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Behavioral Simulation in FPGAs

16/08/2019, hardwarebee

An FPGA simulation can roughly be defined as an attempt to imitate or recreate the execution of a design or the operation of a system in an artificially produced environment. The simulation uses a model that is extremely close to or almost the same as the actual subject at question. The user clearly defines the characteristics, functions, properties, and behavior of the model, making it a thoroughly defined and described description of the design.

 

With the increasing advancements being made in the field of technology, newer ways of creating and FPGA simulations for theoretical designs before actual implementations are being discovered and made commonplace.

 

What is Behavioral Simulation?

 

A behavioral simulation focuses primarily on a high-level simulation model. It’s a fast simulation method but is also less accurate in its results. The goal here is to take an abstract or general idea for a FPGA code and use a behavioral simulation to run it through in order to determine what components, gates, connections, and structures actually need to be used in order to physically and functionally implement that design in real time.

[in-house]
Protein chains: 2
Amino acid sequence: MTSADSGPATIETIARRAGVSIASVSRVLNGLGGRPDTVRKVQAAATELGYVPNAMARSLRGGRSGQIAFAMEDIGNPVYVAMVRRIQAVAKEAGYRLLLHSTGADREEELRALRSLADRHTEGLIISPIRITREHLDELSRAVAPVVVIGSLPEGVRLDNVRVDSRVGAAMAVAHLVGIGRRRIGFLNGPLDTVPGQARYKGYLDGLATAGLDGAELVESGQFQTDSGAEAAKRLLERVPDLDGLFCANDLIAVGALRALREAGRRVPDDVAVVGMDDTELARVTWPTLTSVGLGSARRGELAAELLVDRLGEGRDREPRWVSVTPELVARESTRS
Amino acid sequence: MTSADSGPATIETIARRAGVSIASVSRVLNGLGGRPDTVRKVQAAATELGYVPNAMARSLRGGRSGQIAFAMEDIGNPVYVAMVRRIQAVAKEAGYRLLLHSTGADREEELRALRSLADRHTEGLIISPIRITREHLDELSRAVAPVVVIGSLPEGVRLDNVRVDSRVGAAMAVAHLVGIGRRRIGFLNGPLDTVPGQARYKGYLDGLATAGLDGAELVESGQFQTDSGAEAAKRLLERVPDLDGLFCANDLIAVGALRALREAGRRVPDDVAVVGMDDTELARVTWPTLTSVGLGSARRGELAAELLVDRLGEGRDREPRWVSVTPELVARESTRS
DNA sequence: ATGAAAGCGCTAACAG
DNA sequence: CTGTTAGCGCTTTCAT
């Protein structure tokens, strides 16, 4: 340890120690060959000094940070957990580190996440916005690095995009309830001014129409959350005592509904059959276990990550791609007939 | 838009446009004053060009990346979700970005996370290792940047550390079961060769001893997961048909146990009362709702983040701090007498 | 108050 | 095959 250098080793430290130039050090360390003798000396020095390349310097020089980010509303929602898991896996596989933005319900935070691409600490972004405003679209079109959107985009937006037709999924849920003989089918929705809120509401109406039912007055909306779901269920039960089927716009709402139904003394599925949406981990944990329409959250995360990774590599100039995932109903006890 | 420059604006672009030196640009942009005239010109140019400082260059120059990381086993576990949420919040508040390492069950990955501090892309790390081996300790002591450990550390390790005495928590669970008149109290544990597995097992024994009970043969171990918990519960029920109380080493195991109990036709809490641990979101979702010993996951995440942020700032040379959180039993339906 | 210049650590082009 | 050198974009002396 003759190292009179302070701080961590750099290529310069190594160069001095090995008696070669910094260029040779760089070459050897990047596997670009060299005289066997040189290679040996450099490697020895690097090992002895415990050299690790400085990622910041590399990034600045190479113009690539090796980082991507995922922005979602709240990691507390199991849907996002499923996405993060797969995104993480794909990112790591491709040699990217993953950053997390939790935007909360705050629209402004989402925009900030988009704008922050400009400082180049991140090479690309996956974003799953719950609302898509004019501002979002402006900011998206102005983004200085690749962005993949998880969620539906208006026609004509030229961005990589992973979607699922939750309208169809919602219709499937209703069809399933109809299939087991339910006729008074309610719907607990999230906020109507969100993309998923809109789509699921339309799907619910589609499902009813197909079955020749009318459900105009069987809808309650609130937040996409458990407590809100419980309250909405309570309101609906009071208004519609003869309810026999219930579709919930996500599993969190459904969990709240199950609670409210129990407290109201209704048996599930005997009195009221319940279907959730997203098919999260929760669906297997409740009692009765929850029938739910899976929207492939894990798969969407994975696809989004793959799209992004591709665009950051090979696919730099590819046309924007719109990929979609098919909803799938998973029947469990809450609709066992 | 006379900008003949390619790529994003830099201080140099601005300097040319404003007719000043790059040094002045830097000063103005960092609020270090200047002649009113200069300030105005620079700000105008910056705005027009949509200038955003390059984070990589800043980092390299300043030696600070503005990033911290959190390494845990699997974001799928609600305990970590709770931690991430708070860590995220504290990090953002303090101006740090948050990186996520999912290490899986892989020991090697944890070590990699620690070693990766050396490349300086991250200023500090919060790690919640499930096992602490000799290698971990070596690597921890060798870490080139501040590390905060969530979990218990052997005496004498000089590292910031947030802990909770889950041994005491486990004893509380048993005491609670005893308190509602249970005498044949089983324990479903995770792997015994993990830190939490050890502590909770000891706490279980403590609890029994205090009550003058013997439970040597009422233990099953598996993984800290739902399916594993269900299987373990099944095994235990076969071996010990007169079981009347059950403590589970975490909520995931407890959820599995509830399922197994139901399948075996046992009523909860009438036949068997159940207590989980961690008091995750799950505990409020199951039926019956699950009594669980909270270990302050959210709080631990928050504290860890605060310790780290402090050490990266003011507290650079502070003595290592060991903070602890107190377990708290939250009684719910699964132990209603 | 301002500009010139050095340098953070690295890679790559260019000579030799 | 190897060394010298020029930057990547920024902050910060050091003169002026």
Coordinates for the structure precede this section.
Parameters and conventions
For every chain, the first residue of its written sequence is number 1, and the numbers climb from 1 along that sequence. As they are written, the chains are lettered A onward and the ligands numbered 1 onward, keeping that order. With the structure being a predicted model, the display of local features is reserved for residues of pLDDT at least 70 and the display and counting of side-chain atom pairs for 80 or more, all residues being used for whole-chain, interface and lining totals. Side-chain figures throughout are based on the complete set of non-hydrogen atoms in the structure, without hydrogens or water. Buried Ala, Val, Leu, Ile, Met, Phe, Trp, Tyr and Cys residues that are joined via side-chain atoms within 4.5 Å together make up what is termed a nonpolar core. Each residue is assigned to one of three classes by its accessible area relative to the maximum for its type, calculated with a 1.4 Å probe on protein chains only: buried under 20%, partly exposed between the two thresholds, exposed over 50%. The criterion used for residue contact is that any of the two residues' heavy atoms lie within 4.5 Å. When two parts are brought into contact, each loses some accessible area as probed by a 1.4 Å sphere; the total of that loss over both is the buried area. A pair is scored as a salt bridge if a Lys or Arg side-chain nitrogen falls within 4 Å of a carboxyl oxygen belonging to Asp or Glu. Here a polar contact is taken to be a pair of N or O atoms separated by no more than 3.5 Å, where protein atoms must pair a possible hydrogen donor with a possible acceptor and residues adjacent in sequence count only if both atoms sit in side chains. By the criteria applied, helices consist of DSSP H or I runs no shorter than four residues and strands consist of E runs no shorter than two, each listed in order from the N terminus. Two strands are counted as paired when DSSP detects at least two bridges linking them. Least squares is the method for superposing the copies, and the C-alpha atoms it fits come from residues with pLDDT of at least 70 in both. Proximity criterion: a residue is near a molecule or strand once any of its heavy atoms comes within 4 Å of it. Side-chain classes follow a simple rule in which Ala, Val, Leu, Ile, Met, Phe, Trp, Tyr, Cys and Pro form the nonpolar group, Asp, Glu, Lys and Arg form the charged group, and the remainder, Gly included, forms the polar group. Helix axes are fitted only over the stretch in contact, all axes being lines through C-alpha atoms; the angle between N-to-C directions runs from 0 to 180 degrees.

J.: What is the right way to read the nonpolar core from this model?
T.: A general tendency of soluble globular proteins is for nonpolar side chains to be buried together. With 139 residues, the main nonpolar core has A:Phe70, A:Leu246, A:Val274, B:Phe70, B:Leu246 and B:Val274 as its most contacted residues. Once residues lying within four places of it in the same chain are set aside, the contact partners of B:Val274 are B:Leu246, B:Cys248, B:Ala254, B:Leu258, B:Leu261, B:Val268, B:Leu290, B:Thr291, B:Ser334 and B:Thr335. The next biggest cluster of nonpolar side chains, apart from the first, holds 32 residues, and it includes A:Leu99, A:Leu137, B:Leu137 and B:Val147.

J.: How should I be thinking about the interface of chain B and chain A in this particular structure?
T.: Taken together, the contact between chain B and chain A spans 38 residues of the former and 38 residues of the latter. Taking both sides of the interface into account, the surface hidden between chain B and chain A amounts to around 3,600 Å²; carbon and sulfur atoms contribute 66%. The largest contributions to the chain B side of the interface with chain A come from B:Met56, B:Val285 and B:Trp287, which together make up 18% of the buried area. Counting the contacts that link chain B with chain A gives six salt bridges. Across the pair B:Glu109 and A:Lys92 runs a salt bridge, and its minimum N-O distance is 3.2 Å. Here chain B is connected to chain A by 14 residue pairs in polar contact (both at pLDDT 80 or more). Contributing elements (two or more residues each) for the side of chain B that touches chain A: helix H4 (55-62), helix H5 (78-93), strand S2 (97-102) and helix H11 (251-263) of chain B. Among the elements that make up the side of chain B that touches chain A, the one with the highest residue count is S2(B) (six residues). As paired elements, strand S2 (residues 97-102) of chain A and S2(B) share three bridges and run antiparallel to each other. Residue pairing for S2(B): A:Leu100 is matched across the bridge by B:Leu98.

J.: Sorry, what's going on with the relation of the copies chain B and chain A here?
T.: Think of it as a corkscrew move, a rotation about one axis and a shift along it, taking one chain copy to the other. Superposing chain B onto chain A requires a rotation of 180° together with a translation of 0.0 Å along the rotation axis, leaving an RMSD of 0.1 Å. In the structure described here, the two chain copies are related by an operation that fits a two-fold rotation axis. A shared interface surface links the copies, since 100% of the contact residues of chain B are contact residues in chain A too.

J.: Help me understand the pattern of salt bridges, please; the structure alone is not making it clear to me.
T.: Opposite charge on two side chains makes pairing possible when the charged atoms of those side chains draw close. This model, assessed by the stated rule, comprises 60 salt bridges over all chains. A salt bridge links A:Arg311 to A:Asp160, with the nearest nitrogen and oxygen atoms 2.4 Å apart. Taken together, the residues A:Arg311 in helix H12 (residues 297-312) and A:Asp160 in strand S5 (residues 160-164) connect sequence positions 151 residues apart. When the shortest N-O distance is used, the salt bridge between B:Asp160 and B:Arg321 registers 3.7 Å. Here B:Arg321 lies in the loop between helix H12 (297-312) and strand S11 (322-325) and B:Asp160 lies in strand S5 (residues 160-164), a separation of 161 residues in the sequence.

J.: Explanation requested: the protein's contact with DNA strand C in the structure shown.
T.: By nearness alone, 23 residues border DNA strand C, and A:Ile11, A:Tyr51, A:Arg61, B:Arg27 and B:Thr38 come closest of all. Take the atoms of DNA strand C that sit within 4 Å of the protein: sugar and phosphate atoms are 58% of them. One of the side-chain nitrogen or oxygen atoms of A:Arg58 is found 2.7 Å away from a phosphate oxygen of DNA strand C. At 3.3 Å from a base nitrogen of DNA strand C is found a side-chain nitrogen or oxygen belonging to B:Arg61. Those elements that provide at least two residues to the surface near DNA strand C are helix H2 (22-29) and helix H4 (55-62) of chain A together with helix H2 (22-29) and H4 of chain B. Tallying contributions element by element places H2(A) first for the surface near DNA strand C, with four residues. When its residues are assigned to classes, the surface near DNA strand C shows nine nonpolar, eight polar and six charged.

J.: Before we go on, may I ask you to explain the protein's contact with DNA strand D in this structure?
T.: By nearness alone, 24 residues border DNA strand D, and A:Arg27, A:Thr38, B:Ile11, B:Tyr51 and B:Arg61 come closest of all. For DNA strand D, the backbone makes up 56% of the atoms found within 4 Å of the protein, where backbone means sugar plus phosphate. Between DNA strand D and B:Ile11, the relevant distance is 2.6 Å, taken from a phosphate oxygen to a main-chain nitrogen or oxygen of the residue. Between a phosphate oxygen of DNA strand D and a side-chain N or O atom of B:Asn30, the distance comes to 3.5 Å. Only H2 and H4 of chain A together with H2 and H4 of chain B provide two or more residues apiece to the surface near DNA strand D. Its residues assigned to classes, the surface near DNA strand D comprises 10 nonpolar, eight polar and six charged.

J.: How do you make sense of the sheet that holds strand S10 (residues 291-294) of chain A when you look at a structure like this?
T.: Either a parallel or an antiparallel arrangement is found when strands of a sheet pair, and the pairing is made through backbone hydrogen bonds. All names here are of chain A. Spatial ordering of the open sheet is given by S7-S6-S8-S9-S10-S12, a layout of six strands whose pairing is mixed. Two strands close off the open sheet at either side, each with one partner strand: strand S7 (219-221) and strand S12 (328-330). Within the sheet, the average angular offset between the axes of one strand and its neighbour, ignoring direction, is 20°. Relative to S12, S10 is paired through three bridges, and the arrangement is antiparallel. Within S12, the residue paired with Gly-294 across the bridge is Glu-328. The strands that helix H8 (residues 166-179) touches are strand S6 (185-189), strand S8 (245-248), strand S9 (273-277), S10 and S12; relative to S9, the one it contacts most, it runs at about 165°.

Using behavioral simulation, we take a pre synthesis description of the design that we wish to simulate, in a Hardware Description Language, or HDL. Using such FPGA simulation, designers can also view and implement alternative options to test the range of possibilities within their ideal frame.

 

As the design is developed, it is tested and verified using behavioral simulation as it allows you to test the syntax and functionality of the design and its various connections without having to admit information regarding the timing. With the testing function being available so early to use in the designing and execution process, it is relatively easy to catch any potential errors and nip the issue resulting in significant cost and time reduction.

 

One of the greatest benefits of behavioral simulation as opposed to structural and timing simulations, is that it is a much faster solution and produces rapid results. The downside, however, is that it is relatively vague and general, skipping over the minor details of the design and only focusing on a diffuse design outline.

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